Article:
How Not to #Fail: A Look at CRM
Customer relationship management (CRM) programs are supposed to make it easier for retailers, not cause headaches. Still, there are countless stories of CRM failures, ranging from underutilization to just outright bad implementation. The prospect of failure shouldn't deter anyone though; retailers need solid CRM systems in place. Churn rates are staggering considering how many retailers have come to market in the internet age. As a result, no one should wait for customers to initiate contact.
With most business successes and failures, it's difficult to identify which factors have the largest impact, but there are a few things retailers can do to ensure a solid foundation. Outlined below are some of the biggest obstacles, dangers and fail factors every company needs to be on the lookout for when attempting to implement a CRM program. All of them are especially important in retail, with a constantly changing portfolio and inventory and the need to consistently react to market trends and fads.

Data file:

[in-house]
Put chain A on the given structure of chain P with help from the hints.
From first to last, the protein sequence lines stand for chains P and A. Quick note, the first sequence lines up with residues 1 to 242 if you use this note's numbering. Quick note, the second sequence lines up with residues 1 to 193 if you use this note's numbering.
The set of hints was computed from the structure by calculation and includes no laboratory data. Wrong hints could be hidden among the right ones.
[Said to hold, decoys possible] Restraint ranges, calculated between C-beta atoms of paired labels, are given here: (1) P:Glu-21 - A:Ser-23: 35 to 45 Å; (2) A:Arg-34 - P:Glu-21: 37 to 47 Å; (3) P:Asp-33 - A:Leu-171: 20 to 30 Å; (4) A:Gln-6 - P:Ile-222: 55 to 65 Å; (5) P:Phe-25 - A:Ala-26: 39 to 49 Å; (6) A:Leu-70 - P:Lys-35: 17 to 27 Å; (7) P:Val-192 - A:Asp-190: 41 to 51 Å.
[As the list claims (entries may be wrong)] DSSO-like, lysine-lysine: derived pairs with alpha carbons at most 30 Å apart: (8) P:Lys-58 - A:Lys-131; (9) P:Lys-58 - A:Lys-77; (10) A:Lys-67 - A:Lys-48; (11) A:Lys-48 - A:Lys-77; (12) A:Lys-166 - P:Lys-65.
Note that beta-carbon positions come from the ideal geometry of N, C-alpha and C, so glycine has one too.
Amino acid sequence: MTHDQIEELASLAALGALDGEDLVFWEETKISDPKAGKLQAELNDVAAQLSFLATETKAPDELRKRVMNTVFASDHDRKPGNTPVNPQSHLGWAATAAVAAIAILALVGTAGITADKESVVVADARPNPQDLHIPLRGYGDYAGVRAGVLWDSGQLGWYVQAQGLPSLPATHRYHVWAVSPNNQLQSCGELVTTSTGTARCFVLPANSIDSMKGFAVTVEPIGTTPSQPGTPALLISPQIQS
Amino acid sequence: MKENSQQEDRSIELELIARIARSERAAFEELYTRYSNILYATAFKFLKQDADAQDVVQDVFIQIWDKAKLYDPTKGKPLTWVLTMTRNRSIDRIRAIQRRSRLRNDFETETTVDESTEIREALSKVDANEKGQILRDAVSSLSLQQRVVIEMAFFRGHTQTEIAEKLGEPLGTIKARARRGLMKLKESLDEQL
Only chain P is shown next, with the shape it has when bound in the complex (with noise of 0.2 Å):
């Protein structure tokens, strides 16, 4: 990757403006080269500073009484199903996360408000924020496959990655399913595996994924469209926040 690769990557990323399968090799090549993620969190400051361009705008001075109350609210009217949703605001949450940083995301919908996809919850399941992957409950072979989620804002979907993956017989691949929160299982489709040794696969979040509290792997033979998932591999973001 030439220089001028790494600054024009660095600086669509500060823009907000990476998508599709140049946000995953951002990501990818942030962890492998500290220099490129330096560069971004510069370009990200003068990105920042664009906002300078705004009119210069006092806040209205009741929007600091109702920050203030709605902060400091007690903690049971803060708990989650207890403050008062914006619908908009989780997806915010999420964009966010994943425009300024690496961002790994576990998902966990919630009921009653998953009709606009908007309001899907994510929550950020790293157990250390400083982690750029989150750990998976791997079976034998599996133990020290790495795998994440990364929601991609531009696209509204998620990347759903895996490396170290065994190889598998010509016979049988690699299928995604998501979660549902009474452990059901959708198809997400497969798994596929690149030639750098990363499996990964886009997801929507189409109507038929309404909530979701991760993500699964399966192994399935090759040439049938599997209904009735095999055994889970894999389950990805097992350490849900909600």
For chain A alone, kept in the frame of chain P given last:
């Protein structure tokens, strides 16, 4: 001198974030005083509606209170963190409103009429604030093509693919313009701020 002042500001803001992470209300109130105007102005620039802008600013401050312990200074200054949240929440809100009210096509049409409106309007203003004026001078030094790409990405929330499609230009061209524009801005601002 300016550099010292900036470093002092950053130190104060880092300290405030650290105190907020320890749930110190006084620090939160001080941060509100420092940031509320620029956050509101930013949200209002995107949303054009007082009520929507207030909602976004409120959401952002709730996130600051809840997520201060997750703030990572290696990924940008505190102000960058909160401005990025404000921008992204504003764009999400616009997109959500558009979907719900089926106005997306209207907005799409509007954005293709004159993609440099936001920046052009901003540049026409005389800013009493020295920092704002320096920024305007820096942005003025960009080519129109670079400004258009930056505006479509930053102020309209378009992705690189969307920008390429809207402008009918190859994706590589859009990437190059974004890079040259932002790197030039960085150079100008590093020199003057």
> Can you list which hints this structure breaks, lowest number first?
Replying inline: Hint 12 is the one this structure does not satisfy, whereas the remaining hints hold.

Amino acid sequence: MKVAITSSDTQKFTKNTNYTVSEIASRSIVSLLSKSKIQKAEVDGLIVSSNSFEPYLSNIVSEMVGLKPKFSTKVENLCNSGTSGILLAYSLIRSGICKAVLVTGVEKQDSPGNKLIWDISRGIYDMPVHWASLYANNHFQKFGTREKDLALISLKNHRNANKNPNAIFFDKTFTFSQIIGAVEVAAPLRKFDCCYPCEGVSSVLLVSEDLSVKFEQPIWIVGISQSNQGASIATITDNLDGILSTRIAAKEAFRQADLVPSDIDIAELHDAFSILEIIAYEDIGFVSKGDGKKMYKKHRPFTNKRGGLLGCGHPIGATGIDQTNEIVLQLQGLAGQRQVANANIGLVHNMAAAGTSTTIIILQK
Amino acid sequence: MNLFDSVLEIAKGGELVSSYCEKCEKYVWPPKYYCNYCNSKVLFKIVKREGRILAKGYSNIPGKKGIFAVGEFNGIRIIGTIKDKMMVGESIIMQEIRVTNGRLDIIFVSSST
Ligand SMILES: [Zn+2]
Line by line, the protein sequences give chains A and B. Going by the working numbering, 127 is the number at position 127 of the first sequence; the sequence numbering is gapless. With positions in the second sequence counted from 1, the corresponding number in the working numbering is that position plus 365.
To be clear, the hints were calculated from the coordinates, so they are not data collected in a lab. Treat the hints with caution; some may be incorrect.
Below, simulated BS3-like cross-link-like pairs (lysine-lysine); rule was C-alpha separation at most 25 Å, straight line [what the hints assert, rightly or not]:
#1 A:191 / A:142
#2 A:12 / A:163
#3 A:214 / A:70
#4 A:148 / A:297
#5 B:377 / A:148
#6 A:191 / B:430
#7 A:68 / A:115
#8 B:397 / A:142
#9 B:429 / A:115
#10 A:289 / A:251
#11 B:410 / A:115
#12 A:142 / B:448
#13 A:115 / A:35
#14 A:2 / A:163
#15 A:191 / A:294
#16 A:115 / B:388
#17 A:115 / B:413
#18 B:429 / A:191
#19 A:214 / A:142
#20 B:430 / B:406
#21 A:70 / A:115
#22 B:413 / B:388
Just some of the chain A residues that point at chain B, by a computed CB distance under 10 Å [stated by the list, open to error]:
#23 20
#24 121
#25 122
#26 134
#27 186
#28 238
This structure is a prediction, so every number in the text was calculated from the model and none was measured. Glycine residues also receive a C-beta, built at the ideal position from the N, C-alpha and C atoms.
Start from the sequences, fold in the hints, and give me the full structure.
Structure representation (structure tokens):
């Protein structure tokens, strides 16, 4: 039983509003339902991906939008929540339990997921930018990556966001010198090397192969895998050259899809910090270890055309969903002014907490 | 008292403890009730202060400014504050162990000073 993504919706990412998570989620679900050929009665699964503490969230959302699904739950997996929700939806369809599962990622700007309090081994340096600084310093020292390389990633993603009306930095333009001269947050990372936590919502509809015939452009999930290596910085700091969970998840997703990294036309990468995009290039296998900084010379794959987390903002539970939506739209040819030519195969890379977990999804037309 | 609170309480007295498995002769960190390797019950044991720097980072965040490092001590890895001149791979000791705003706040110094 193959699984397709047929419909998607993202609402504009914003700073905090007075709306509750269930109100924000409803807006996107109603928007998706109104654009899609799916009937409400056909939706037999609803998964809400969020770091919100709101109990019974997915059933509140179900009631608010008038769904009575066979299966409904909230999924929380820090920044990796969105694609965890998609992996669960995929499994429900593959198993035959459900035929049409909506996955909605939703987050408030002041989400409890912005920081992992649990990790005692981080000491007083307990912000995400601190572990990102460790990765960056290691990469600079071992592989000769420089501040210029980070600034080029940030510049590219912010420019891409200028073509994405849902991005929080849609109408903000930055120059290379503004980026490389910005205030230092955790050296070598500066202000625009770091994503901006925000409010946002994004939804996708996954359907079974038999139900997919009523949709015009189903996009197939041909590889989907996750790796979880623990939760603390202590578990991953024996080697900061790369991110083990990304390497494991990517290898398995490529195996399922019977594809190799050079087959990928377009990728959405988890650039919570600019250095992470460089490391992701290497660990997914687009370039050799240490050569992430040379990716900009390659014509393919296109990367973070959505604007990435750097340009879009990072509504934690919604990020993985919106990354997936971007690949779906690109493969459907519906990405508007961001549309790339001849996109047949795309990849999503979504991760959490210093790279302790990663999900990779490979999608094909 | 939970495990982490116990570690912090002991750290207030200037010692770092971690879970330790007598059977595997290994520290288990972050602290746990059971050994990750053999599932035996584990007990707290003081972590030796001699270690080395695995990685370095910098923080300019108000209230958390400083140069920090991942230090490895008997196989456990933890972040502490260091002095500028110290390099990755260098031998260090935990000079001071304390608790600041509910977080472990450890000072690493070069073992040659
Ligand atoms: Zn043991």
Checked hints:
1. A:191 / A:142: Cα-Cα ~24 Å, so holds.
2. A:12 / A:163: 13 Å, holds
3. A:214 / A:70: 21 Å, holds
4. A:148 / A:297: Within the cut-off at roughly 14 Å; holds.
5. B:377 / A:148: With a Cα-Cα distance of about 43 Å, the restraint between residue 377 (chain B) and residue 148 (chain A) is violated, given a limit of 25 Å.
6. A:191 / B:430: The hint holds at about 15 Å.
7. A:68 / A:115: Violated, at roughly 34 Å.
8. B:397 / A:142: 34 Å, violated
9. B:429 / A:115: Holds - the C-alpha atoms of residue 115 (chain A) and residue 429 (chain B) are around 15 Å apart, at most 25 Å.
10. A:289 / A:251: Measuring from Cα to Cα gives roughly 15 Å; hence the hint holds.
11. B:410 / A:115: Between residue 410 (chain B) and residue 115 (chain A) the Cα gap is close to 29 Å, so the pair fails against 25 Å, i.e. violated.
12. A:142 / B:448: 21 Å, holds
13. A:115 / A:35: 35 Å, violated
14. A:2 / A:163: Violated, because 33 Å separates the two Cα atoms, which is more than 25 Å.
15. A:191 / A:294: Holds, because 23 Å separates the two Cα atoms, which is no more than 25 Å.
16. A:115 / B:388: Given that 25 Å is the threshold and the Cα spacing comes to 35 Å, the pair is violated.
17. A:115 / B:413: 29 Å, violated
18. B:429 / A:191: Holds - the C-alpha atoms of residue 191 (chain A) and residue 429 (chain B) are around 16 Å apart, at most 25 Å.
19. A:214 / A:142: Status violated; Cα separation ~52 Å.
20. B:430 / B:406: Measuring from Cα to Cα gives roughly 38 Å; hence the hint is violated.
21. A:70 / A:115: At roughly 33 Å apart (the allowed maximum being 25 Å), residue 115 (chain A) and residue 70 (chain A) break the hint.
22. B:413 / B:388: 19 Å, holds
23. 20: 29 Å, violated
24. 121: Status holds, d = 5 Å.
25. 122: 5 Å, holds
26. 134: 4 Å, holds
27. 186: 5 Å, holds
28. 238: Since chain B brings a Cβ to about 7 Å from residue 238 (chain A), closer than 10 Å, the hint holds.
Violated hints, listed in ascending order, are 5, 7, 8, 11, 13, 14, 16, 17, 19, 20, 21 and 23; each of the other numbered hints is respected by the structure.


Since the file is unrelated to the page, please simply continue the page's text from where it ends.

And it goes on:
A Clear Strategy
Retailers need CRM programs, but that doesn't mean they should call up the first vendor that comes to mind and dive in. Understanding how a CRM program works and finding the right fit is going to maximize the benefits for the company.
However, choosing the wrong CRM partner could be the kiss of death. You need to find a company that's on the same page, can meet your needs and won't bog you down with unnecessary expenses. Your provider should be flexible. The goal is to find a company that will help you grow your business, not be so self-obsessed with its products that it fails to meet the needs of its customer — you.
Your workforce must believe in the new strategy, along with adopting new technologies and business applications. Additionally, strategies need to be in place to initially train and constantly support employees. High attrition and a constant influx of new employees can leave a CRM program lifeless and ineffective